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Trucking Companies Fear Driver Shortage
Tuesday, 09 March 2010 00:00
Spot shortages appearing as freight volume increases, says ATA

A spike in cargo volume could produce a driver shortage and would expose bottlenecks on key freight corridors, the chairman of the American Trucking Associations warns.

Hundreds of drivers left the industry during the lengthy trucking recession that started in mid-2007, Tommy Hodges said Monday in an address to the annual convention of the International Warehouse Logistics Association in Coronado, Calif.

"They left with a bad taste in their mouth," Hodges said, and many of those drivers will not come back to trucking even though U.S. unemployment remains high. He indicated that spot shortages are beginning to appear, citing the case of a North Carolina fleet operator who can't find enough drivers.

Motor carrier executives today, however, are more worried about the 4,493 trucking company failures and 174,000 trucks that were taken off the road during the recession. The industry is still facing an overcapacity problem and an economic environment in which it has little pricing leverage.

Nevertheless, volume is starting to pick up, and despite attempts in Washington to encourage a shift of freight from highways to intermodal rail, freight volume is projected to increase at least 30 percent in the coming decade. It is possible that a driver shortage could become the industry's biggest problem, Hodges said.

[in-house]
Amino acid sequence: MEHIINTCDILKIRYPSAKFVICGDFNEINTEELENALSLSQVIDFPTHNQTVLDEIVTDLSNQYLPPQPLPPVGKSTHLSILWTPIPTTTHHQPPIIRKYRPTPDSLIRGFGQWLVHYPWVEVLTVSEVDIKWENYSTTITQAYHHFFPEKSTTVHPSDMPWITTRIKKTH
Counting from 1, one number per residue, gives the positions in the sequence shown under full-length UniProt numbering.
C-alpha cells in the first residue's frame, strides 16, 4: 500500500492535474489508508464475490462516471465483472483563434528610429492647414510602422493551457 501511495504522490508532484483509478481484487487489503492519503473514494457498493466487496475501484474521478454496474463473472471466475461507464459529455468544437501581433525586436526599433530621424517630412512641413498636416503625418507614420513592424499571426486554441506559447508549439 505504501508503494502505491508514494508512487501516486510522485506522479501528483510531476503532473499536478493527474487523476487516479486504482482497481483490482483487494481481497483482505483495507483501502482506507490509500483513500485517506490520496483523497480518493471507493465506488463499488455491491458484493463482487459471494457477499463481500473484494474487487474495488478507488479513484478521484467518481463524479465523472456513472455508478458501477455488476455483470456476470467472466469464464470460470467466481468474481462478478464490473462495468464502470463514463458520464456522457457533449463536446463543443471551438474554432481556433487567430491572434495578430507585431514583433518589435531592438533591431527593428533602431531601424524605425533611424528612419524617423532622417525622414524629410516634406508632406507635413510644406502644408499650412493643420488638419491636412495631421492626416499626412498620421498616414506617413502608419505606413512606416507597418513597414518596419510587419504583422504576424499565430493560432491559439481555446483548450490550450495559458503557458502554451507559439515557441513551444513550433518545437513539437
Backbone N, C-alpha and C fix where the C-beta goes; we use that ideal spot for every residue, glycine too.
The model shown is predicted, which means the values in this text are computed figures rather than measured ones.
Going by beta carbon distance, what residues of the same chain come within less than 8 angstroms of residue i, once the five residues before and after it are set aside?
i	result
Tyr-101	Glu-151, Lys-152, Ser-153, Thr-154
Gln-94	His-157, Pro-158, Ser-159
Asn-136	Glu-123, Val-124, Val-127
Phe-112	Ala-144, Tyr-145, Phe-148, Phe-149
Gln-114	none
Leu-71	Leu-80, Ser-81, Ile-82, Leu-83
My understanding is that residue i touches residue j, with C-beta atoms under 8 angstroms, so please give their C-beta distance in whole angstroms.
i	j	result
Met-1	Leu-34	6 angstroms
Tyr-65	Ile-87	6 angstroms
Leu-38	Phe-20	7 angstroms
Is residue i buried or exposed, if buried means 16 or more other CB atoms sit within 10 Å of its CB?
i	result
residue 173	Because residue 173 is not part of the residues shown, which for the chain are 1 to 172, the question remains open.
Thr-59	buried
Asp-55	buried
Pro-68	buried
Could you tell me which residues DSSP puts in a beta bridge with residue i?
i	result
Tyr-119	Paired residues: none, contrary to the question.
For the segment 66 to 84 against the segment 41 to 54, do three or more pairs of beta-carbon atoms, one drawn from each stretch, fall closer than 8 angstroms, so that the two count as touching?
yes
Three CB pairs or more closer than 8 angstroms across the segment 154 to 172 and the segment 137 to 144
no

Aging infrastructure could further reduce trucking capacity by causing excessive delays on freight corridors. Hodges said planners have identified 57 critical bottlenecks across the country which, if not corrected, will affect goods movement.

ATA supports additional funding for freight infrastructure. Hodges noted that the federal gasoline tax that is used for highway repairs and expansion has not been increased since 1993. Compared to 1993, a dollar generated today by the gas tax will buy only 40 cents in infrastructure development.

U.S. Rep. James Oberstar, chairman of the House Committee on Transportation and Infrastructure, continues to press for a highway authorization bill that would raise $550 billion. The highway authorization bill that expired last year raised $256 billion. Oberstar's bill is ready, but it has reached a stalemate in Congress, Hodges said.

Journal of Commerce Online, 3/9/2010